Big Cliff Reservoir – Old Boat Ramp by the Transmission Tower

The dive site by the old boat ramp at the electrical transmission tower at Big Cliff Reservoir is an interesting place to go SCUBA diving.  It is not as scary of a dive site as the upper river bottom but it is still a serious dive site due to the current and the ease of which you can go too deep.  This is an interesting site for the steep submerged cliffs and the flooded river bottom.

Big Cliff Dam
Copyright 2013 Robert Ashworth. Big Cliff Dam at the bottom of the reservoir regulates water flow coming out of Detroit Dam.

Site Highlights:

The main draw for this site is the interesting submerged cliffs and river bottom.  Even though visibility is usually not great, it is still interesting to explore along the cliff faces and practice drift diving.  If you come to dive the upper river channel and get cold feet, this is an alternative place to dive.

Nearest Town:

Detroit, Oregon is just up the Santiam Highway.

GPS Coordinates:

44.731105, -122.262966

Special Directions to Site:

The turn-off to this dive site should have a sign for the Detroit Dam but the sign might be missing depending upon homeland security threats.  Look for the right turn along the reservoir.

Parking:

Park by the old boat ramp next to the big metal electrical transmission tower.

Imagery ©2017 Google, Map data ©2017 Google. The dive site accessible from the old boat ramp at the top end of Big Cliff Reservoir has some interesting submerged cliffs to check out.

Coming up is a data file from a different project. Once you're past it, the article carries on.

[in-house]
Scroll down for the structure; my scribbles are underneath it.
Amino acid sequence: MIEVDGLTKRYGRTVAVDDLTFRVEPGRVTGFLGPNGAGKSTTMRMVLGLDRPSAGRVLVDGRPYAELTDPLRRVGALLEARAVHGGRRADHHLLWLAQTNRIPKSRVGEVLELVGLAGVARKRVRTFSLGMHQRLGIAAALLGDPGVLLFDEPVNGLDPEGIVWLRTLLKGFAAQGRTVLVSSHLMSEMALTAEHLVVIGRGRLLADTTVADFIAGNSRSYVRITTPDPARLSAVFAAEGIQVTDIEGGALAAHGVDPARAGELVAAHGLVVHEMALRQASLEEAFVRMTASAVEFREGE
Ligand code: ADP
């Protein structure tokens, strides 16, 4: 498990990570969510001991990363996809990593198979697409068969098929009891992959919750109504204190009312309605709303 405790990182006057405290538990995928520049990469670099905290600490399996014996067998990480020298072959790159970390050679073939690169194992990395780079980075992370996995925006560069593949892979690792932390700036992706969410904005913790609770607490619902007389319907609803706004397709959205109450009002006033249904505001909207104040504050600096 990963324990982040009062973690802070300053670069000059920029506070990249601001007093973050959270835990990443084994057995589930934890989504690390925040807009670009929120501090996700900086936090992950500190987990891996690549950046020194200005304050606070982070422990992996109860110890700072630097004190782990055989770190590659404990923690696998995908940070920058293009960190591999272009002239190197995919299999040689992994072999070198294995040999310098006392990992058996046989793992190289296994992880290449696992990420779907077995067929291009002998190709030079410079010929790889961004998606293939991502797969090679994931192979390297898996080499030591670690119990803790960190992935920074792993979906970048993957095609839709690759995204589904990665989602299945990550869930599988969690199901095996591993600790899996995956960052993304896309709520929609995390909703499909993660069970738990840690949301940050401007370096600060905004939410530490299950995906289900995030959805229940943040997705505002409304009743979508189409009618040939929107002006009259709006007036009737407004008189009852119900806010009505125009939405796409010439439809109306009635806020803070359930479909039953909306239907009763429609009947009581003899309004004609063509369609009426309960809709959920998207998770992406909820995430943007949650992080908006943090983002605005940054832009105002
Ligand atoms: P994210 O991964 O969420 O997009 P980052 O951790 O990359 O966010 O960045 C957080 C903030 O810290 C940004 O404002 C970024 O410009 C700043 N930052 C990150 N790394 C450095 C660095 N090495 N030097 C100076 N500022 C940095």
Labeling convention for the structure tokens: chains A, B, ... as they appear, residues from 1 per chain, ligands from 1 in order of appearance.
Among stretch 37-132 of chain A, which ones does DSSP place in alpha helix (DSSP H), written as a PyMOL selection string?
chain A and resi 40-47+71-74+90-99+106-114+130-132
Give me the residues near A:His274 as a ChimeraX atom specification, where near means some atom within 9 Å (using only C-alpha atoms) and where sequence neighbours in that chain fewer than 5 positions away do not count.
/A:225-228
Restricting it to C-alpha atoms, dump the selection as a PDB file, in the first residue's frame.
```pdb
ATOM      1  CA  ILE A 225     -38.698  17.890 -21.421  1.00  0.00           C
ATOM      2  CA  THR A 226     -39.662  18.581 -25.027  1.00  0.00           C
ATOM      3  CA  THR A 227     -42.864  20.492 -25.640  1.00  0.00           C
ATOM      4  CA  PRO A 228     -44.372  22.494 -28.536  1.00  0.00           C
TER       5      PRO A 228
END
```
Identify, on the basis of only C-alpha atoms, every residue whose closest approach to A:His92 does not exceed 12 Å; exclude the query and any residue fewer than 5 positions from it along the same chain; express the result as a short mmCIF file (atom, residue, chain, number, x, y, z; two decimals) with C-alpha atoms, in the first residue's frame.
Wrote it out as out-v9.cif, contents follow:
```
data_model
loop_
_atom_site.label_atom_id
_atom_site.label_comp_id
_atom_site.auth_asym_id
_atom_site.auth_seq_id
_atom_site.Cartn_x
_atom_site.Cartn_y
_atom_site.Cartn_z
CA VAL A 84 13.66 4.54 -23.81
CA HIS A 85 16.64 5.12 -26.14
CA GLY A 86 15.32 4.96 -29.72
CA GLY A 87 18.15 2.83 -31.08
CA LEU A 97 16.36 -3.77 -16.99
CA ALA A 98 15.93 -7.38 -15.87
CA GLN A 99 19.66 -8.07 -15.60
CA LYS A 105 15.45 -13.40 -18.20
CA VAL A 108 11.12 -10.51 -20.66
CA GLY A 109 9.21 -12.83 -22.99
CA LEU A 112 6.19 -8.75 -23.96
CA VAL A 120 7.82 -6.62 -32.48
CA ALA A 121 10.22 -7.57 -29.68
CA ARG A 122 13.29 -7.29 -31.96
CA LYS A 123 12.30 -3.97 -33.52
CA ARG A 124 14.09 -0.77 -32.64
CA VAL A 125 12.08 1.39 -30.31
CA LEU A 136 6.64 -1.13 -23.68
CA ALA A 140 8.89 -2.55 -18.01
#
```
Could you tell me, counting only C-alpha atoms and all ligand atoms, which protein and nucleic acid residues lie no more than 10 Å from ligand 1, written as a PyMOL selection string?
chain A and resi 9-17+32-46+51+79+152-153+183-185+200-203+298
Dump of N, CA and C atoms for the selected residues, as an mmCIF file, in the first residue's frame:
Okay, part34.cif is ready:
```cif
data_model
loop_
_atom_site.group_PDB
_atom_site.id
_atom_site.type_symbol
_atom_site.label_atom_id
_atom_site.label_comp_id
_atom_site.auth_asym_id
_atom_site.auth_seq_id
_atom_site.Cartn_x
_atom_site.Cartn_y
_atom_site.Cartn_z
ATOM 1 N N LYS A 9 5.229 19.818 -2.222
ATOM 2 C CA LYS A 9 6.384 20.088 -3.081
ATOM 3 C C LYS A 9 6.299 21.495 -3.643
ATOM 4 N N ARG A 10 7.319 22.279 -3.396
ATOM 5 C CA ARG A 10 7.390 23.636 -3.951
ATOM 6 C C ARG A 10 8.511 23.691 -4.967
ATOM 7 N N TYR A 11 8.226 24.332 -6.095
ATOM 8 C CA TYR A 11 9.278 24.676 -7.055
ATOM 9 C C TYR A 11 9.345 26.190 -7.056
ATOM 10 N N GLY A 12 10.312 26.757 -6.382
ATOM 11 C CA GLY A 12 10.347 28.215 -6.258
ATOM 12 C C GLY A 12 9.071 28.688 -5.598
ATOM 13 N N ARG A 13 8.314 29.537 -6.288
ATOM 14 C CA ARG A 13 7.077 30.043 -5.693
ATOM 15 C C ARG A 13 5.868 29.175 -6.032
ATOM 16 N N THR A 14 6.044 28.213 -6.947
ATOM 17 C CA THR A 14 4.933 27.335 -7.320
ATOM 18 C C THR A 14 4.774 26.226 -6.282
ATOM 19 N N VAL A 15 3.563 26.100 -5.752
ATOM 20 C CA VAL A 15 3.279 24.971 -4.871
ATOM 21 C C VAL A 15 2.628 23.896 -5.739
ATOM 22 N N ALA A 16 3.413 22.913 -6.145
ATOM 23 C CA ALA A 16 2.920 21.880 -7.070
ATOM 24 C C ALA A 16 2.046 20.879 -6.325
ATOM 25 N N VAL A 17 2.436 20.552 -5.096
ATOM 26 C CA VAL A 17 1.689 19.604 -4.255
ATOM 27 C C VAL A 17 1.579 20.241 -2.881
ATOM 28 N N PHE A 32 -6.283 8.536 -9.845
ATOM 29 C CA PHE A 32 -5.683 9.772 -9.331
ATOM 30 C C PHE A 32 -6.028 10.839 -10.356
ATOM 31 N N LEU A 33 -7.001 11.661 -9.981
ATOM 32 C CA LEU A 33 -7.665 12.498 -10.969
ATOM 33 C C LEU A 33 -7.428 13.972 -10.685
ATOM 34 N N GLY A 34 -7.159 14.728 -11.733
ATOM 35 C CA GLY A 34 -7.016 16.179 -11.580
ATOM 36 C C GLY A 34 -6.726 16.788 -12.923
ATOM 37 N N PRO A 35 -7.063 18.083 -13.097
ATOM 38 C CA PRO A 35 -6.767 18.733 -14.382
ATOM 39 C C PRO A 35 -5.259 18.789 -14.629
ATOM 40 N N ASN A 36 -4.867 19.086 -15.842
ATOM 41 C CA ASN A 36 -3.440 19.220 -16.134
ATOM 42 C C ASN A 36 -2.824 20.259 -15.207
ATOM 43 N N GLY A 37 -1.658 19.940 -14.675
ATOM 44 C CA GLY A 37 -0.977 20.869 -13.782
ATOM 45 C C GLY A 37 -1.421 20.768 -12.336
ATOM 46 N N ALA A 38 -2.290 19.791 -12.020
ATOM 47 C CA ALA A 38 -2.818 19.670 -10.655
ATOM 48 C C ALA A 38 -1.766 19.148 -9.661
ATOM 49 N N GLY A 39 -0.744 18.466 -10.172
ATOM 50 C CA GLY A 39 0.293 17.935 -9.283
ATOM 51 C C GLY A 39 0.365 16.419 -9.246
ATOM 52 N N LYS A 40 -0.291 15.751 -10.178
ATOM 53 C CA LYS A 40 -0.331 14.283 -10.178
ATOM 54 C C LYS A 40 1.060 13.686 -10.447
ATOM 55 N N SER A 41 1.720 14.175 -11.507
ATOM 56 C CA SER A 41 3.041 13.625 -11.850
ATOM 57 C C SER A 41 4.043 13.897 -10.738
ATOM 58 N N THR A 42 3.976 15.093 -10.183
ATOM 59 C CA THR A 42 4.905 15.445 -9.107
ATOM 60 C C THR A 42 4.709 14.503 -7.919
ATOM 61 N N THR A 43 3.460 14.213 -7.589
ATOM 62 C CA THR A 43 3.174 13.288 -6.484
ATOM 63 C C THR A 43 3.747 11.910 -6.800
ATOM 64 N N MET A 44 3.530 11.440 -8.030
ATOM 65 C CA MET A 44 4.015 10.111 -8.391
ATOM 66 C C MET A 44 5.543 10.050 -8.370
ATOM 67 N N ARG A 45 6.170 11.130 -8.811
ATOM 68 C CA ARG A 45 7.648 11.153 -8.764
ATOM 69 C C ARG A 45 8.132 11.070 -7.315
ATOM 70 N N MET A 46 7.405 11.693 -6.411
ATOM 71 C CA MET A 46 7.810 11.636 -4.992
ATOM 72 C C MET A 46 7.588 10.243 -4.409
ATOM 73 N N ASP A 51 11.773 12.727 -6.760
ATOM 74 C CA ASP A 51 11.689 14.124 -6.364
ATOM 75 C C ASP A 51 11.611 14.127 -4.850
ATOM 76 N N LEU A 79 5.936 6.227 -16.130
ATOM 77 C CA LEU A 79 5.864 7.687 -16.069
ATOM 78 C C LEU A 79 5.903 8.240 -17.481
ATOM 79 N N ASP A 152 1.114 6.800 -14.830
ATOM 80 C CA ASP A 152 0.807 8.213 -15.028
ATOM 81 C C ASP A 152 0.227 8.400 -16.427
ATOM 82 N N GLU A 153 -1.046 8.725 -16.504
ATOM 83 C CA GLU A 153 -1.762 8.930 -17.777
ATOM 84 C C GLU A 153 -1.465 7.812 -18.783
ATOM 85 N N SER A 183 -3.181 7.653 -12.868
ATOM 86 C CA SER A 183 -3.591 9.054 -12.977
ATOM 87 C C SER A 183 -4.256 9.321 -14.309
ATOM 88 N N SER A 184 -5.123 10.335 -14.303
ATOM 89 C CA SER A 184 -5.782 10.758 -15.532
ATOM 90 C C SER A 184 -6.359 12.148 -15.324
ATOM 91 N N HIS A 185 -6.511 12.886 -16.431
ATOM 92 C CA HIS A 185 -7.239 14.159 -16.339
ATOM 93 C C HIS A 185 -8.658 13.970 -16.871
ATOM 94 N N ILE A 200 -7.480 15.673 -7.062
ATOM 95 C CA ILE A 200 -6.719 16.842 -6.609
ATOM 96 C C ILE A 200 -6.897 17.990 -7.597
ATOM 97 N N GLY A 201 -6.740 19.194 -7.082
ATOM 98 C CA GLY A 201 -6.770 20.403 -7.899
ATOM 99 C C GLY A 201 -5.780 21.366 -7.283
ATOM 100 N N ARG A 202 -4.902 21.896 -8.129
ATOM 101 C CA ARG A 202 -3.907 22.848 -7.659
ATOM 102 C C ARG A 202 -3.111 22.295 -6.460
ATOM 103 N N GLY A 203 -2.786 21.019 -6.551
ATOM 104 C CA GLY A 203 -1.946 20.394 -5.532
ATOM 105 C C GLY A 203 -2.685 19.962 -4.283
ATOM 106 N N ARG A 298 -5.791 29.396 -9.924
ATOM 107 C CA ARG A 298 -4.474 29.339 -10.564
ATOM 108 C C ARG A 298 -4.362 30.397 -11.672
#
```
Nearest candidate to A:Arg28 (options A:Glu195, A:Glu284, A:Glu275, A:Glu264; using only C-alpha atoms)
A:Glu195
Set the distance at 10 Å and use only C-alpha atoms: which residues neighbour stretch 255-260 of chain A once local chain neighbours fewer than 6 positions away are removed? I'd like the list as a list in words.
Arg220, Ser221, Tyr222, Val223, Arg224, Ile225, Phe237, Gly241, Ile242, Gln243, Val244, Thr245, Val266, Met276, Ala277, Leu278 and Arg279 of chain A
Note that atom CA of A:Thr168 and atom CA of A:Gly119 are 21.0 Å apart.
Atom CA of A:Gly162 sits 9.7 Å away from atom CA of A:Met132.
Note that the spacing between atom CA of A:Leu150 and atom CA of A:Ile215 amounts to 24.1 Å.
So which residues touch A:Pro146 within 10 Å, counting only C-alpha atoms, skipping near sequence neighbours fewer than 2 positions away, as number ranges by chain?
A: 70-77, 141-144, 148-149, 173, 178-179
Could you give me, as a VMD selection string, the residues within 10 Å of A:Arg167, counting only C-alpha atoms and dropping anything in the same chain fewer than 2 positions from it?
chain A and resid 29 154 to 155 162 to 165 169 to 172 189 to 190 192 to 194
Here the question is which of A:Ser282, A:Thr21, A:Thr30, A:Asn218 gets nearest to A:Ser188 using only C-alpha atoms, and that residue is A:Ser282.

Site Orientation:

We suggest sticking along the north shore of Big Cliff Reservoir.  We haven’t explored much on the southern shore so we can’t provide many details about it.  Sticking to the north shore also makes it much easier to get to an exit and back to your car.

We like to enter just upstream from the big metal electric transmission tower and drift down underwater.  Keep to the right and hug the cliffs at a depth that you want to stay at.  This dive site can go below the maximum recreational SCUBA depth.

Sometimes there is an eddy that will slowly push upstream right along the bank.  If the eddy is running, you can drift down with the current a little deeper and farther away from the bank, and then drift back up toward the exit closest to your car at a shallower depth.

There are potential underwater obstructions on this dive site.  It isn’t as bad, in our experience, as the upper riverbed dive site but the risk is still there.  There may also be potholes in the deep old riverbed that could have pinch points and caverns that could trap and drown you.  Be careful and dive within your personal limits!

Entrances and Exits:

We like to enter just above the electrical transmission tower and float down to the main part of the dive site.  The old boat ramp is another place to enter.  The last time we were here, the boat ramp was blocked off for boat traffic but you could still walk down to the water easily.  This boat ramp could reopen in the future or be more closed off than before.

The old boat ramp is also a good place to exit if your dive takes you back to this point.  Otherwise, there are a few places along the northern shore where you can exit and scramble up the bank to the road.  The scramble is difficult.

Salt/Fresh:

This is a fresh water dive.

Shore/Boat:

This is a shore dive although a boat could help if you want to drift much farther down the reservoir.

Normal Conditions:

There is always a strong current here.  Underwater obstructions and hazards are probably present.  Be careful and dive within your personal limits.  You could get hung up underwater and drown, and be very dead.

Normal Visibility:

Usually we get around 10 feet of visibility here.

Normal Temperature:

Water temperature varies based on what Detroit Dam is doing.  It can be down around 38F or up to about 65F depending on the time of year and upstream conditions.

Best Time of Year: